The first summer of the Johnston County Summer Baseball League brought plenty of challenges for the seven participating teams. First among those was Mother Nature and a wetter than normal summer that caused more games to be rescheduled than played on their originally intended dates.
Still, coaches in the league all had positive reviews for the season.
Although all seven coaches in the league stressed development above scoreboard performance, Cleveland had to be pleased in that area as well, going a combined 26-3-1 between its varsity (15-1) and junior varsity teams (11-2-1).
“It was good for both of our teams,” said Rams coach Jamie Lee. “We had an opportunity to experiment with players in different positions. It really helped us learn more about our JV kids individually and our varsity kids had chance to jell together and learn how to be leaders while improving their fundamentals.”
Smithfield-Selma fielded a decidedly young team as well. The Spartans’ two biggest positives from the summer were pitching depth and leadership development according to coach Chase Crocker.
“We played a very young team as several rising freshmen contributed to the varsity team,” Crocker said. “We really wanted our pitchers to develop some toughness and experiment with pitches, which we felt they accomplished. We also developed some leadership with a few players, which we believe will help us in the grind of a high school baseball season.”
South Johnston coach Keith Durham noted that pitching was an issue the Trojans would be facing in the 2014 season, and he had seen three individuals who did well on the mound during the summer.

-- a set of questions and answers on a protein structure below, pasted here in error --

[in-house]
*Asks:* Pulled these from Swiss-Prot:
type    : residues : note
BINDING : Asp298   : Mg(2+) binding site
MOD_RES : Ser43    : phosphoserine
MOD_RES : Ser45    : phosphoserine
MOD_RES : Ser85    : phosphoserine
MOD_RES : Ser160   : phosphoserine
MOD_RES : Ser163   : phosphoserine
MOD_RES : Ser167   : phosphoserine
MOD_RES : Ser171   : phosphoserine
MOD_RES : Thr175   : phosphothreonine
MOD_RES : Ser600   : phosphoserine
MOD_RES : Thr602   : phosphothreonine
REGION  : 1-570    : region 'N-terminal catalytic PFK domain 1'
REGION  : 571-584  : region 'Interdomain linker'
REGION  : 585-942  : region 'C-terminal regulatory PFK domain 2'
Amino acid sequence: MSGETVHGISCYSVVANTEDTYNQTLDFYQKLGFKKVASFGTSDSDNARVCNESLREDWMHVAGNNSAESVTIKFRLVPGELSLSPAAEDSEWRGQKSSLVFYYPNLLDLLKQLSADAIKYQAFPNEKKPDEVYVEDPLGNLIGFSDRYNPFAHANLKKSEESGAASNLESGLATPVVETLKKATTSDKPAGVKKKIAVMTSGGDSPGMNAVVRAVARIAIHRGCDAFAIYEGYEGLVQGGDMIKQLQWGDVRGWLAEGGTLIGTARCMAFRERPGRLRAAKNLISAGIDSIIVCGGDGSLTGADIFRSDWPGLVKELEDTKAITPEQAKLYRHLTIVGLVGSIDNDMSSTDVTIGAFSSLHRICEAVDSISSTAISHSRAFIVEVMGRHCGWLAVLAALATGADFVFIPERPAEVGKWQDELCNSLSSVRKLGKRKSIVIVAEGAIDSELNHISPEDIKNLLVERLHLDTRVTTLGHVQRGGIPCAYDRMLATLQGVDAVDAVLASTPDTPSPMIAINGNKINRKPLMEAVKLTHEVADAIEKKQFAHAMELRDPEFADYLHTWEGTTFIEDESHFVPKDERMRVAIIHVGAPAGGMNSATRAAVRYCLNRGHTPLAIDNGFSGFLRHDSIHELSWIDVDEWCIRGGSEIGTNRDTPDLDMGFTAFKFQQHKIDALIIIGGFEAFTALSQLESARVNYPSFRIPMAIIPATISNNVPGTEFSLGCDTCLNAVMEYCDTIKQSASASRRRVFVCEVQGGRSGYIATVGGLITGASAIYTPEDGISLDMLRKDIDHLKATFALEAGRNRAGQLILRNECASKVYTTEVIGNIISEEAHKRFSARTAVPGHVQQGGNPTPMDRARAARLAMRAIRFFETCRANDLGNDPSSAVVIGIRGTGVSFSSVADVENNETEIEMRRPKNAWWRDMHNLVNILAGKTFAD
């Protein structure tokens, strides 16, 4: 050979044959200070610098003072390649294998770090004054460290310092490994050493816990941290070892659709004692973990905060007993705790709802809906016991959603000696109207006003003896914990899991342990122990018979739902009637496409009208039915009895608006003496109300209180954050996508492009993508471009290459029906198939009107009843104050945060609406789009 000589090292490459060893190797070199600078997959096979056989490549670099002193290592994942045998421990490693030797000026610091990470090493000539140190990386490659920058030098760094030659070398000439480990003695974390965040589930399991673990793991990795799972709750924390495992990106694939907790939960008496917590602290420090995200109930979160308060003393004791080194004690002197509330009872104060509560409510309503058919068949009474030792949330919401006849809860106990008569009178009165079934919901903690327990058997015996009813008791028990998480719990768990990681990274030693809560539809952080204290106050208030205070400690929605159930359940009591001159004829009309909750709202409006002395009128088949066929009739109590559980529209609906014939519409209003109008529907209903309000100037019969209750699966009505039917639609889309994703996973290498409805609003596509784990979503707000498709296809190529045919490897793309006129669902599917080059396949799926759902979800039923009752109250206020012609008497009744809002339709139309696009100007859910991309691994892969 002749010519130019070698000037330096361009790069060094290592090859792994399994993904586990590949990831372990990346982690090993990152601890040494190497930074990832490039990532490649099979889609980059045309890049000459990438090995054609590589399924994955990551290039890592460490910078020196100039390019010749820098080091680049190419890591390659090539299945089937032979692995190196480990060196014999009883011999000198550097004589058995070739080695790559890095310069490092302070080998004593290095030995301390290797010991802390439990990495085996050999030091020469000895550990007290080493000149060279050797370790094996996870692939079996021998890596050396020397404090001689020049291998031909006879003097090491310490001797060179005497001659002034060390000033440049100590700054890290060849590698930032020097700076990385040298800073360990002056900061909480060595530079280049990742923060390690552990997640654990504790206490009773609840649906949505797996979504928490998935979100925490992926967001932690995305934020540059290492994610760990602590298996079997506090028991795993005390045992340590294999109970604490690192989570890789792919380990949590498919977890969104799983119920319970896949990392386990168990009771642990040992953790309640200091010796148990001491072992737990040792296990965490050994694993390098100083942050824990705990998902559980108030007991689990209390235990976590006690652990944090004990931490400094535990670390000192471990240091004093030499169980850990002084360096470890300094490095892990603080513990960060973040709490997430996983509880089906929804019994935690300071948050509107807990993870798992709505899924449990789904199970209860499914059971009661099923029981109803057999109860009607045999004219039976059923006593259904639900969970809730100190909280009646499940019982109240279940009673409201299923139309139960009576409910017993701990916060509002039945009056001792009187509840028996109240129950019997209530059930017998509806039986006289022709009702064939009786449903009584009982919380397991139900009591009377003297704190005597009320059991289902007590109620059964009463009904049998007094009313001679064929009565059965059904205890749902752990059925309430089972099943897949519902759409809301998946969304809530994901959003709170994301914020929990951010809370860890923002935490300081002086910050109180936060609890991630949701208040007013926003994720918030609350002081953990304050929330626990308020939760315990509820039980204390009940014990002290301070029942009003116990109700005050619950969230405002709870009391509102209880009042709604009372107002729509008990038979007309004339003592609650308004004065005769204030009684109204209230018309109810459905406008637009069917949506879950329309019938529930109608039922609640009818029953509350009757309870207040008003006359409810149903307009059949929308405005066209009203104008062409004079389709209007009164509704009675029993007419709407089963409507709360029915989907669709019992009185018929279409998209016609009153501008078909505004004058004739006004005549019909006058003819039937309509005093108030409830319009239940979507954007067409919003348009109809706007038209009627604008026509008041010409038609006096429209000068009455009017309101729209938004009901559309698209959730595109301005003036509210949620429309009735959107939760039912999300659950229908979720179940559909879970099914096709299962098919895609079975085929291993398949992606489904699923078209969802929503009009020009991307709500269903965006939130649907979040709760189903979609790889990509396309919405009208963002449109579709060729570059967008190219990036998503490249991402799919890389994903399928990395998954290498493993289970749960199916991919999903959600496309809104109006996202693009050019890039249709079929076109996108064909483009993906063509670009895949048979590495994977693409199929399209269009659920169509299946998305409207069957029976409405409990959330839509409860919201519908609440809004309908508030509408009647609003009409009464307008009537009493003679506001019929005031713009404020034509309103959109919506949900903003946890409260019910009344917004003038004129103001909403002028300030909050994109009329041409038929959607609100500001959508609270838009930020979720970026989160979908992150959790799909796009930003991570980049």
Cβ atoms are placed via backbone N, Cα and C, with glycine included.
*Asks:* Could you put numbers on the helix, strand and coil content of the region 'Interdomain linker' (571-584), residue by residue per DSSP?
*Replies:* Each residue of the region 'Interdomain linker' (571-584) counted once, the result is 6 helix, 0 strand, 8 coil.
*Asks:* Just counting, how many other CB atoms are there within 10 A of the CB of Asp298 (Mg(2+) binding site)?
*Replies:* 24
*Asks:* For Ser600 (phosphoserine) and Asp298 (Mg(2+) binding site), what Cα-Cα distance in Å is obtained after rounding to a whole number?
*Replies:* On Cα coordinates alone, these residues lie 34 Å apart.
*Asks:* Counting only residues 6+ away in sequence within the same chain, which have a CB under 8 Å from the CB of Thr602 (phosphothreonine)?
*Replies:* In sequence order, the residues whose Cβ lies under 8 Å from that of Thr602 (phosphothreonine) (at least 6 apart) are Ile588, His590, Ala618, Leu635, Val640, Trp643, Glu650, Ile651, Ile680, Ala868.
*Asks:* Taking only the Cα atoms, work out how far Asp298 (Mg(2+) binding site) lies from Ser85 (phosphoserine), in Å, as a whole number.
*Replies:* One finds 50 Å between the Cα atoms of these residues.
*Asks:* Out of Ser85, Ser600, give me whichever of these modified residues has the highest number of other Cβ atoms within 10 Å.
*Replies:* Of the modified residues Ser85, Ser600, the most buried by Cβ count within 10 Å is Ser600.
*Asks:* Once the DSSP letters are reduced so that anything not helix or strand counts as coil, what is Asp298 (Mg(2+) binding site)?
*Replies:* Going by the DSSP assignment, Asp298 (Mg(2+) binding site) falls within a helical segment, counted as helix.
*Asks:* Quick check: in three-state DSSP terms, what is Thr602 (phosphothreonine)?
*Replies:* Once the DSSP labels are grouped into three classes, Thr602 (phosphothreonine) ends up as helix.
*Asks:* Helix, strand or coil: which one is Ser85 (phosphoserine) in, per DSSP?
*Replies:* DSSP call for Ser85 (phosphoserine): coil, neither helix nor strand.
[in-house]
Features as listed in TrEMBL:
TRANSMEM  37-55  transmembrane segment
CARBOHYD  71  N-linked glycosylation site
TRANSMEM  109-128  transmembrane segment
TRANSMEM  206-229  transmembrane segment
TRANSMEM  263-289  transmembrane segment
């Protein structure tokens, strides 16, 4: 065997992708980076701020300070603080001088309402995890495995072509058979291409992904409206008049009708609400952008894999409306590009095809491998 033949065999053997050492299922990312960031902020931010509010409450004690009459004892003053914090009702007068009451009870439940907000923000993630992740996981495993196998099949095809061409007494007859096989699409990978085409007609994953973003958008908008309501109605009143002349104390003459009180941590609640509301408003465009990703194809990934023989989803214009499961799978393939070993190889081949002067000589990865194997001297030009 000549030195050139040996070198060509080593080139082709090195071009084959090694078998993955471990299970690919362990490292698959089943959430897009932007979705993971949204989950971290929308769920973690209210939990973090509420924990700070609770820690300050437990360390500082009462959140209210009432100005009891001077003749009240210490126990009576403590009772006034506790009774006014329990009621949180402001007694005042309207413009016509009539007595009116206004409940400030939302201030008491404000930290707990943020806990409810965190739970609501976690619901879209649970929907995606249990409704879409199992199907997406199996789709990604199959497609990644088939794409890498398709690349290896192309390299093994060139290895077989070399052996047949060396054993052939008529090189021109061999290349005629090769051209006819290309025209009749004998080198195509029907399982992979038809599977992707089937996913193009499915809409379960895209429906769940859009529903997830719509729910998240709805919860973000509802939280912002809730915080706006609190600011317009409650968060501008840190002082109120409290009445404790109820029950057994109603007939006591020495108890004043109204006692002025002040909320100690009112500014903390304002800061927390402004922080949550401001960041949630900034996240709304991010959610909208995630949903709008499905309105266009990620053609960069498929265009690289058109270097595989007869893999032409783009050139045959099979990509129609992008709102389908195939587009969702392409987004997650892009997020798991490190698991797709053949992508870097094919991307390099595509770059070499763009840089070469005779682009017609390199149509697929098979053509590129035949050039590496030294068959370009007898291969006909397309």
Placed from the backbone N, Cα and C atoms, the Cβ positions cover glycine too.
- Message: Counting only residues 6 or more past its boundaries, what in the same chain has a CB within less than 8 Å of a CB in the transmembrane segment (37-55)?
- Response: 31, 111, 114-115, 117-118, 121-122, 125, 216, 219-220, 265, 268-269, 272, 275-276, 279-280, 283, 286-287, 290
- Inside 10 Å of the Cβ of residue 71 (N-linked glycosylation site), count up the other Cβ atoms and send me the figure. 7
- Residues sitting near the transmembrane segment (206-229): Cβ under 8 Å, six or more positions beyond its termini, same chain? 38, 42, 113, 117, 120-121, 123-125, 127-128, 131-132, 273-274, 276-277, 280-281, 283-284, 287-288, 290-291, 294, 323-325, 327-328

“A lot of the faces changed, and we needed to see what these guys could do,” Durham said. “I was real pleased with a lot of different things.”
West Johnston coach Joey Worley also used more players on the mound this summer than a team typically would during a spring high school season.
At the plate, the Wildcats showed some growth as well.
“Our biggest area that needed improvement was our hitting,” Worley said. “We showed signs of it throughout the summer but was never able to show the consistency that we would like to see. Overall, I think we got better in some areas, which will help us next season.”
Corinth Holders, which moves to the 3A ranks this coming season, spent the summer getting a little more acquainted with its new varsity and junior varsity players and playing in a league with three future conference opponents in Cleveland, South and SSS.
North Johnston coach Brian Ford also said the league was a boon for the Panthers and county rival Princeton.
“We’re a small 2A school, and in the northern part of the county,” Ford said. “Neither us nor Princeton have had the opportunities to play summer ball, but now we do.
“We know it’s an uphill battle for us, but it’s a chance for the kids on our respective teams to be able to develop, to forget about the score. As long as the premise of the league is kept, everything else is perfect.”
The Panthers used 10 freshmen on the varsity squad this summer.
“Those 10 freshmen that played did a phenomenal job for us,” Ford said. “We just have to be able give them the time to get acclimated to our system. They have a lot of guts, a lot of grit. They just don’t give up.”
Princeton found some potential future bright spots on the mound during its first summer prep play. Coach Michael Prince praised the pitching of rising sophomores Matthew Boyette and Nick Phillips and senior Matt Edwards.
Behind the dish, Princeton groomed two new catchers – rising junior Tyler Beasley and rising sophomore Hunter Mitchell – during the summer.
“Being the only 1A team in the league and the smallest team, I think we played very well,” Prince said. “We got on the board in every game but one. I’m most proud of how our players worked together and played almost every position possible. They stepped up and showed great commitment and love for the game.”